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TYR CXT-1 Performance Review: Powerful Stability

Arune Singh
TYR CXT-1 Trainer

Over the past year or so, we’ve gotten multiple calls to review the TYR CXT-1 Trainer. Up to this point we viewed TYR as a swimming brand. And then the hype around the TYR CXT-1 continued to grow.

Everyone responds to hype differently. Some become more interested because of the buzz and others find themselves more skeptical, judging even more severely than normal.

It’s difficult to look at TYR, possibly THE hottest rising brand in CrossFit, and not be affected by the hype. We tend to be pretty open-minded reviewers here at WearTesters, but it was hard for us not to wonder if TYR was the real deal or if the buzz around their shoes was more a sign of how much the market is looking for something, anything, new.

This is also the year where Reebok kicked things off by offering what just might be their best Nano ever in the X4 (check out the review), so any training shoe we review this year must compete with an absolute beast that raised the bar.

Lucky for us, TYR is confident in its signature CXT-1 training shoe and sent us pairs to test. Please note that while TYR sent these to us, they had no involvement in this review, didn’t receive an advance look at it, and have not attempted to influence it.

UPDATE: The TYR CXT-1 earned a spot on our list of the best gym, best cross-training, best cross-fit, and best jumping, for 2024.


Price: $140

Drop: 9mm

Fit: True to size

How do the Authors Train?

Arune Singh (age 42, 5’11”, 220lbs): Trains daily with functional fitness programming from Deadboys Fitness, founded by Colby “Seth Rollins” Lopez and Josh Gallegos, along with logging 30-40 miles of running per week. He also has a medical history of Sleep Apnea and Myasthenia Gravis, meaning Arune’s focus is on lean muscle mass.

Drew Whitcomb (age 42, 6’6″ 195lbs): Trains daily with a focus on running, strength training, and mobility. He writes the majority of our running shoe reviews and runs a lot of miles due to testing needs and his growing affinity for long-distance races. His strength training and mobility regimen center around maintaining flexibility and lifting heavy to build power as a counterbalance to all the running he’s doing. His number one focus is staying injury-free so he can keep up the sweet gig of reviewing shoes.

TYR CXT-1 lateral side view

What is the TYR CXT-1?

TYR describes it as:

Powered from the ground up, the CXT-1 Trainer from TYR is designed to take on the most rigorous competitions and training regiments. Athletes will have the ultimate base for any movement, with responsive and durable support that reacts to the energy you put in.

TYR CXT-1 outsole


Arune: We’ve mentioned the Reebok Nano X4 up top, but it’s also the first thing that came to mind when I pulled this black on black pair of TYR CXT-1.

Certainly that’s not a bad thing – the Nano X4 has been an early contender for Training Shoe of The Year – but it did immediately set the stage for an impossible comparison.

But let me be clear – the TYR  CXT-1 didn’t just meet the challenge, it raised the bar beyond my wildest dreams,

Okay, Drew, what do you remember about 90s boy bands?

Drew: Can I veto whatever schtick you have in mind? Our reviews don’t need to be any longer.

Arune: C’mon Boss, have some fun (Editor’s Note: oh boy, stand by for Arune’s definition of “fun”).

The Reebok Nano X4 is the Backstreet Boys – they’ve got the dance moves, the harmonies and the hits. “I Want It That Way” is going to be playing on the radio until the end of time and, truly, I do want it that way.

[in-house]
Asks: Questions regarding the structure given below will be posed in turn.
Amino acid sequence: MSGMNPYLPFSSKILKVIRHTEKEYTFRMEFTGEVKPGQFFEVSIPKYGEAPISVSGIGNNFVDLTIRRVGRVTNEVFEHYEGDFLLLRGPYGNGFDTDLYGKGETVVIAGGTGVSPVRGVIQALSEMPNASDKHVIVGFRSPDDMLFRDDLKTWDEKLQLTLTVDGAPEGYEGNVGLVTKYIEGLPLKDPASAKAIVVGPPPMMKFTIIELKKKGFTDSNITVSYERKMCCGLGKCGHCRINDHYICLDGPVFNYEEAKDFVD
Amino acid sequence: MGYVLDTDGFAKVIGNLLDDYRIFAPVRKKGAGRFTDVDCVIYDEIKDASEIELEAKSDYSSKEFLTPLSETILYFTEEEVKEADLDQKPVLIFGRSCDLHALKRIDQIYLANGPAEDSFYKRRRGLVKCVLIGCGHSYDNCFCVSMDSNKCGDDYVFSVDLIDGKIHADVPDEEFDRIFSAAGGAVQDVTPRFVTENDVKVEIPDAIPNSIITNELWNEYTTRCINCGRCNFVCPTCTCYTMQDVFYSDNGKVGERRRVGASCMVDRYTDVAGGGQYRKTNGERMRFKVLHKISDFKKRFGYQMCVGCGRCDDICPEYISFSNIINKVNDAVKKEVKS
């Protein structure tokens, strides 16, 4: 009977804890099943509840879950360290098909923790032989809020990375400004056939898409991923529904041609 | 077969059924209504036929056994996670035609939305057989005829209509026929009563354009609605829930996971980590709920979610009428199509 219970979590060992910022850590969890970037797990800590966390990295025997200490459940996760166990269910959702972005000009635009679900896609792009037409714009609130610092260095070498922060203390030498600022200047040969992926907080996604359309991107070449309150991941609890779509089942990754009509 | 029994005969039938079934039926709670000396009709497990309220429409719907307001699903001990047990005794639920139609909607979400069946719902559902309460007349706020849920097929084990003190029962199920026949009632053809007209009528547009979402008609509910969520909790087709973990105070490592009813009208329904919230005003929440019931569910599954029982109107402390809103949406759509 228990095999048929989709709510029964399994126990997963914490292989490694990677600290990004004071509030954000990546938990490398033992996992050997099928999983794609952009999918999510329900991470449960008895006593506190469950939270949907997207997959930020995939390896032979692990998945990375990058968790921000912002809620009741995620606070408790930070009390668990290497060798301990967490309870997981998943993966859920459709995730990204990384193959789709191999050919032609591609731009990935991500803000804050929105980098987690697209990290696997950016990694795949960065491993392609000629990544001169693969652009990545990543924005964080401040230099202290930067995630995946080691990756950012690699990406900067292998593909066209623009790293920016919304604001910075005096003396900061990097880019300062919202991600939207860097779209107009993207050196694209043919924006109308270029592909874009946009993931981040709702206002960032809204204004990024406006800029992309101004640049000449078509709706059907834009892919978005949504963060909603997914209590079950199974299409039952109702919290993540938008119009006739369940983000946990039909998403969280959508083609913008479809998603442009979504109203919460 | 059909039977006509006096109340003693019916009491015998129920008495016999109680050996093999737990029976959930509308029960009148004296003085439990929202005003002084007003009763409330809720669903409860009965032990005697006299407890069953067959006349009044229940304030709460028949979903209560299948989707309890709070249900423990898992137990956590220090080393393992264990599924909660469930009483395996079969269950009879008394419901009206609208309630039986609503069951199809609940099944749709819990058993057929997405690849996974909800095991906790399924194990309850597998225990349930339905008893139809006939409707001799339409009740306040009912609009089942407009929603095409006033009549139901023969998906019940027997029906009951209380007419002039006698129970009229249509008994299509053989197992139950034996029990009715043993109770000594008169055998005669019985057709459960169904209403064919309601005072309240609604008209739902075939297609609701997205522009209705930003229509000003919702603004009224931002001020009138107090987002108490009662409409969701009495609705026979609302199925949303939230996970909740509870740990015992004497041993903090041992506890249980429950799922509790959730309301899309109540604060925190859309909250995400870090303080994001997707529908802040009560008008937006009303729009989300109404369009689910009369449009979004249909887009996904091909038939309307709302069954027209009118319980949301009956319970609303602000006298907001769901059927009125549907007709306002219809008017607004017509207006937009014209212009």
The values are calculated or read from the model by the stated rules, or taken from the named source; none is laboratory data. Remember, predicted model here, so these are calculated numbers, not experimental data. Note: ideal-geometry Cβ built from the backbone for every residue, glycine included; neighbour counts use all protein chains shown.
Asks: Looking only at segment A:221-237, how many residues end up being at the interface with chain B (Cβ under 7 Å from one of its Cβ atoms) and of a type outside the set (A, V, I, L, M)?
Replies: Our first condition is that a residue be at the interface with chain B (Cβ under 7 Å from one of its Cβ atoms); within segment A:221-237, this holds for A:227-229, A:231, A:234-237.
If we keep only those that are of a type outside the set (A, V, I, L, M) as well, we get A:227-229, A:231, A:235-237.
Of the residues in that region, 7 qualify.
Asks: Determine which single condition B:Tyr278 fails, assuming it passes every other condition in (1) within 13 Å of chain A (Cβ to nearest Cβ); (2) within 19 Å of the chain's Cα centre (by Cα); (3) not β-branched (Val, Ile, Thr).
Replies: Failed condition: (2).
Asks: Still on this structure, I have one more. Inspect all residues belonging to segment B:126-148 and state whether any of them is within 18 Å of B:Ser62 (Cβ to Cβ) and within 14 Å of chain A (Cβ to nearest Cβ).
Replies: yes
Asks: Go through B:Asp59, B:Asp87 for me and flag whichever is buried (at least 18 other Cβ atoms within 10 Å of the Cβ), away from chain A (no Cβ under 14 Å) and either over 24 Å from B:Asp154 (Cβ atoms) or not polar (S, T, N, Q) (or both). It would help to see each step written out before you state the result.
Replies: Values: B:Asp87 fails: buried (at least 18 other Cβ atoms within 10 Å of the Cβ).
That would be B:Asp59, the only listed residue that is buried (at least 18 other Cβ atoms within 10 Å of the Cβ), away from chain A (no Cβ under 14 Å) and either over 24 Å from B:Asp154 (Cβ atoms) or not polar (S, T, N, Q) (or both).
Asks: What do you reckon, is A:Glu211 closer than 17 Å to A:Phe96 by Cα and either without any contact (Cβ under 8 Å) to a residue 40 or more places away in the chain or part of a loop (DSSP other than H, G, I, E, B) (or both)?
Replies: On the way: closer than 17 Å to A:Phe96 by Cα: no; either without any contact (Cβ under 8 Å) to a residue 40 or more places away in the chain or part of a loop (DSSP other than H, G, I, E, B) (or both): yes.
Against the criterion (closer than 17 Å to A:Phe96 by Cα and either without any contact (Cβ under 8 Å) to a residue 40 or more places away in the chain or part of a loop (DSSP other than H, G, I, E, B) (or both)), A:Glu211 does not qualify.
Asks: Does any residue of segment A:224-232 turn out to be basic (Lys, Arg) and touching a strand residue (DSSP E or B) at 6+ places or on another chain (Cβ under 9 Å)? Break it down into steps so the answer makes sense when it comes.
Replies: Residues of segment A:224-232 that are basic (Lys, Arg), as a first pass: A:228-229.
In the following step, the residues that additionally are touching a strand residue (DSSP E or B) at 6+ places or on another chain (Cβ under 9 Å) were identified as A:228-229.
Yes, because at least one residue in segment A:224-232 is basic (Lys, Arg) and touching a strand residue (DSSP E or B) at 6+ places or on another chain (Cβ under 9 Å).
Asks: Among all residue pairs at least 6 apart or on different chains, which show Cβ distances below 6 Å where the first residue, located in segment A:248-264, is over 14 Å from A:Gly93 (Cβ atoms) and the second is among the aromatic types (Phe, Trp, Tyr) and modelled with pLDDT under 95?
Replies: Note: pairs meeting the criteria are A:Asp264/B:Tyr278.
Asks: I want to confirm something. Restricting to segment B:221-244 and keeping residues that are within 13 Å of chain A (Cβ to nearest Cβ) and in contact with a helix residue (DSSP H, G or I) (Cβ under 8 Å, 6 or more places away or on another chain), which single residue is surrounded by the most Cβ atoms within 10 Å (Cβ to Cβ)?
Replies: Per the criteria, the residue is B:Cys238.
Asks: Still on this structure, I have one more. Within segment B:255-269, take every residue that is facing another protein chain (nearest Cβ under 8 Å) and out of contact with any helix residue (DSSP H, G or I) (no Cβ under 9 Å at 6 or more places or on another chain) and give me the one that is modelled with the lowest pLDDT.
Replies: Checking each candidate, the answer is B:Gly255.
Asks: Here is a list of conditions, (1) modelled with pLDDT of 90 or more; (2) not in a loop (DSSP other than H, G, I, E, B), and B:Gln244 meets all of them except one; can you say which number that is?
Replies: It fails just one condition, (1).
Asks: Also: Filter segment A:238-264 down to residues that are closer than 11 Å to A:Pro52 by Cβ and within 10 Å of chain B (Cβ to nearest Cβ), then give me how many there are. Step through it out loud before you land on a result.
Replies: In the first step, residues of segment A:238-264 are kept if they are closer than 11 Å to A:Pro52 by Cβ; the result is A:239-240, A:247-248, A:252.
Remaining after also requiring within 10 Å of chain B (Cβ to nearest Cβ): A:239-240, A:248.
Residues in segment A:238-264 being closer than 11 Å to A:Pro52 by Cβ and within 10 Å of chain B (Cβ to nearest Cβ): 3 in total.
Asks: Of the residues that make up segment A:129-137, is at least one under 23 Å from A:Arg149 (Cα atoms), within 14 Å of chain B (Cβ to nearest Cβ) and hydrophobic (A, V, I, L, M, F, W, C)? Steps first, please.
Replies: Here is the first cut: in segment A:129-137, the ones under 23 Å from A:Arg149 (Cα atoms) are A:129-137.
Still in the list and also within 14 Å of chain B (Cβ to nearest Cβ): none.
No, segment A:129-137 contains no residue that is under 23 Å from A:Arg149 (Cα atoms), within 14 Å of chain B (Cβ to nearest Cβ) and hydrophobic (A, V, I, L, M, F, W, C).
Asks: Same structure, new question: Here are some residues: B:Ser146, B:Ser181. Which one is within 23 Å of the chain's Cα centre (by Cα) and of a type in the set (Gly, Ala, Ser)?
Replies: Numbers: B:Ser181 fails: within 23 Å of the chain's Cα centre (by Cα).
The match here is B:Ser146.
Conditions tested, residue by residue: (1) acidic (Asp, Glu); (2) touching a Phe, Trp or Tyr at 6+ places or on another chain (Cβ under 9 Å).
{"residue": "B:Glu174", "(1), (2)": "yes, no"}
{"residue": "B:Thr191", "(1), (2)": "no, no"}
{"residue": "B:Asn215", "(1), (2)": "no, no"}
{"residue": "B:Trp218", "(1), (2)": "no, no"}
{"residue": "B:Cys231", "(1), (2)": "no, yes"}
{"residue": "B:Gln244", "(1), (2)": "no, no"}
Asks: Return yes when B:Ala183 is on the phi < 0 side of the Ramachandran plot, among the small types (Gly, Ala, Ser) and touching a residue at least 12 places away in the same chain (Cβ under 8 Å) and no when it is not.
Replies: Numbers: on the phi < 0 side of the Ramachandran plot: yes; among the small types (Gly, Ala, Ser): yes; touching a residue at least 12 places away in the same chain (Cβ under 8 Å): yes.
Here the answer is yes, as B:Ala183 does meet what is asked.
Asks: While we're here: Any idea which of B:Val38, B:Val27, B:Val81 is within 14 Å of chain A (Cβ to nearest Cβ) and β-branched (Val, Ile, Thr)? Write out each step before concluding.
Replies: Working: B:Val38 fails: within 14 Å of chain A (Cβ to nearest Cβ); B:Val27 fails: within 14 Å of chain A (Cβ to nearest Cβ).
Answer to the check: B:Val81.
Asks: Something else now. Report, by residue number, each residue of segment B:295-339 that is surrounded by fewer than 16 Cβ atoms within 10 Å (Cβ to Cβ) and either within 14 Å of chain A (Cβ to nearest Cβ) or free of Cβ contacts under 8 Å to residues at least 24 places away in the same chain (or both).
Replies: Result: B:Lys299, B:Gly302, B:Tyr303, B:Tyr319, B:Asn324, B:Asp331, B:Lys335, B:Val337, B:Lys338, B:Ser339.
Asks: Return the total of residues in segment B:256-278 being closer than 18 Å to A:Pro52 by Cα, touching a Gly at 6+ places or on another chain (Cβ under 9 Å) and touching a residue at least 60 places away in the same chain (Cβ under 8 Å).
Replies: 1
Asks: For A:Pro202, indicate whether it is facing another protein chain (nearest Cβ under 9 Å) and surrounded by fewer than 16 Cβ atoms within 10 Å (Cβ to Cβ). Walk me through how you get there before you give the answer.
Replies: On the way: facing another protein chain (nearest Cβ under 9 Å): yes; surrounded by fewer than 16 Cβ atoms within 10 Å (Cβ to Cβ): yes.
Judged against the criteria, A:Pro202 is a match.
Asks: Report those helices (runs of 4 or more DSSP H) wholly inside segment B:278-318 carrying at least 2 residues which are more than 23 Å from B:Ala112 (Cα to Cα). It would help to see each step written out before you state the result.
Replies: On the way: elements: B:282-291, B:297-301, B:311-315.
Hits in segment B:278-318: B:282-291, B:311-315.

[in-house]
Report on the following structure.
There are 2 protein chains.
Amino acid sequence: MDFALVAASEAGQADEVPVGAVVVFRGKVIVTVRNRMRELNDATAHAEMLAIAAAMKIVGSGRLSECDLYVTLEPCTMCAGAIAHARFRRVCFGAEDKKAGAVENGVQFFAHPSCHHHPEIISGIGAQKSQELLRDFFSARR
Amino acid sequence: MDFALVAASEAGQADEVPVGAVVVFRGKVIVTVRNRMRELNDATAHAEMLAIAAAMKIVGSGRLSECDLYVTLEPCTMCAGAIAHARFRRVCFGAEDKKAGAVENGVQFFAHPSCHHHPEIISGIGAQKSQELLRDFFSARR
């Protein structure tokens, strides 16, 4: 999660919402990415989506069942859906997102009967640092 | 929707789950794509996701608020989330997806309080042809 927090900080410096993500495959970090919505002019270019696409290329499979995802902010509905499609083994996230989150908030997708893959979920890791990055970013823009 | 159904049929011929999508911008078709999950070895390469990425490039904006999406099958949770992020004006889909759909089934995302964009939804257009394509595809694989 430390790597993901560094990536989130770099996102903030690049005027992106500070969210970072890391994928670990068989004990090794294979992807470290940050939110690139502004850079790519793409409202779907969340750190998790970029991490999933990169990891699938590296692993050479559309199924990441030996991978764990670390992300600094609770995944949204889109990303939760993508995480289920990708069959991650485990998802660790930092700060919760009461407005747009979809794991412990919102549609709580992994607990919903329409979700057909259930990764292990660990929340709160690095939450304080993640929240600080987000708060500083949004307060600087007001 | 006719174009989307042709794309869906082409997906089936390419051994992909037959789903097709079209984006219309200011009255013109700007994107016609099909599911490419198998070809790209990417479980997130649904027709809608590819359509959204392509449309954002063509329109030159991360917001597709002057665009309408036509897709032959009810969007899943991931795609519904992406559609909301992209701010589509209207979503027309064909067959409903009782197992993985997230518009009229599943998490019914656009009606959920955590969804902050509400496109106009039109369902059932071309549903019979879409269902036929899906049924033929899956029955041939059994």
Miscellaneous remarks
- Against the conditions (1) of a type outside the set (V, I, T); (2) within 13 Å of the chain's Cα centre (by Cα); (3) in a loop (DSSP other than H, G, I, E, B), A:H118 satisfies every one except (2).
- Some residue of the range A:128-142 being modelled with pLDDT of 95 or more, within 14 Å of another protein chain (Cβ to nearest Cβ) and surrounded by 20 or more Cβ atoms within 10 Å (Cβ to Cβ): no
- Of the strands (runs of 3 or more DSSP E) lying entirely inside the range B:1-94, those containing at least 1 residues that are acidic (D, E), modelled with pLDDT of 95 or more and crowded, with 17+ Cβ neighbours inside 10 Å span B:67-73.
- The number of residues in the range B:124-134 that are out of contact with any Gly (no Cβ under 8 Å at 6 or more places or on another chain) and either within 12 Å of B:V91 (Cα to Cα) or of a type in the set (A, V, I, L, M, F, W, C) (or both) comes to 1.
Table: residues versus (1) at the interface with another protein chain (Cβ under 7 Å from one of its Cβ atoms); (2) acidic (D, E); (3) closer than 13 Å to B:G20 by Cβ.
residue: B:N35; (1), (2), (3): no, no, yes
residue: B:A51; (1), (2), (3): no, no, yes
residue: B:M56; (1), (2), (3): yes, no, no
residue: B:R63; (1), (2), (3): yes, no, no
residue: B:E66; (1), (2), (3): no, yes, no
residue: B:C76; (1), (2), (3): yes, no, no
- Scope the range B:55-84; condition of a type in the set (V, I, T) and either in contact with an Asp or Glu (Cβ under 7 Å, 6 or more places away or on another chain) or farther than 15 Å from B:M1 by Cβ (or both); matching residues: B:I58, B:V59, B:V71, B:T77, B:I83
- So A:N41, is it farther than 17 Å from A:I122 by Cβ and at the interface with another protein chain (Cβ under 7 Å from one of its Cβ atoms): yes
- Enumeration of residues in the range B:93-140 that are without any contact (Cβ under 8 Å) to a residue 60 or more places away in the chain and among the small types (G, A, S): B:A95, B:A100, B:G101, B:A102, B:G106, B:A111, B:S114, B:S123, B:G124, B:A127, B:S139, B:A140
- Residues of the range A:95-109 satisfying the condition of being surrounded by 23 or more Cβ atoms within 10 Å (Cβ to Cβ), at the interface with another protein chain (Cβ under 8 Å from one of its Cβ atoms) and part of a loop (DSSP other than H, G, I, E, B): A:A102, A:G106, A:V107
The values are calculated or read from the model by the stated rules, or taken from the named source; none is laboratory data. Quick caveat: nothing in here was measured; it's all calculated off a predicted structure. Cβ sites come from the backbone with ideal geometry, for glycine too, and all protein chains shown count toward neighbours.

But the TYR CXT-1 is N’Sync. Sure, they seem similar at first but then you see the dancing is just a bit better, JC might just be the most underrated boy band member, and they changed the game with “Bye Bye Bye” (though I’m an “It’s Gonna be Me” stan).

(Under Armour is 98 Degrees, woefully underrated and more muscular than their peers).

The Nano X4 remains an achievement, but the CXT-1 seems to do everything just a bit better – or at least differently in a way that I’ve never experienced from a training shoe.

Let’s start with the stability, which is absolutely the very best I’ve experienced in a training shoe – I never felt anything but securely connected to the ground (even with a 9mm drop that I never noticed) in every kind of lift. I knocked out the very best AND heaviest single leg RDLs of my life, never once thinking about my foot placement. My foot sank into the SurgeNRG foam midsole and I felt more stable on one leg than I feel on two legs with other shoes.

Want to do some HIIT or plyometrics? This is an excellent option, with the aforementioned responsive midsole making quick transitions seamless.

While I haven’t had a chance to try rope climbs with these and normally wouldn’t even clock them, TYR promotes this shoe as being good for it – and there’s nothing in the construction here that looks remotely durable for doing those with any frequency.

Minor quibble aside, just go read that Nano X4 review and then imagine every bit of praise ends with “but it’s even better in the CXT-1.” I keep hitting PRs (personal records) in so many key lifts, even with a messed up left knee that should be holding me back. There’s no lift or movement that doesn’t feel BETTER in this shoe than anything else I’ve ever worn.

Drew, this shoe is absolutely perfect for me. How about you?

Drew: I’m confused, am I supposed to answer that question with N’Sync or Backstreet Boys lyrics? You’ve really outdone yourself with this pop culture comparison. Hopefully, our audience didn’t say “Bye Bye Bye” and click away when you took us back to the late 90s.

But back to the TYR CXT-1. It’s really, really good in the gym. I kept looking inside the shoe to figure out where the 9mm drop was hiding. I guess if I really concentrate when I’m sitting down, I can feel it, but when I’m moving, the CXT-1 feels natural underfoot.

The stability on my dastardly hip mobility drills, deadlifts, squats, and shoulder presses was impressive. My feet were set in stone and only personal weakness in my knees or hips could unmoor me. Even then, it was easy to catch myself and reset my position. The TYR CXT-1 quickly re-establishes a firm grip on turf, rubber, or wood making it great for any exercise that requires multiple foot positions. There’s no slippage and the energy transfer from leg muscles to feet to ground happens without interference.

While I find the Reebok Nano X4’s upper more comfortable, the TYR CXT-1 is equal or better in every other way.

TYR CXT-1 stability platform


Arune: If you’ve been reading my reviews, you know the fantastic four cardio tests: sprints, jogging, rowing, and air bike.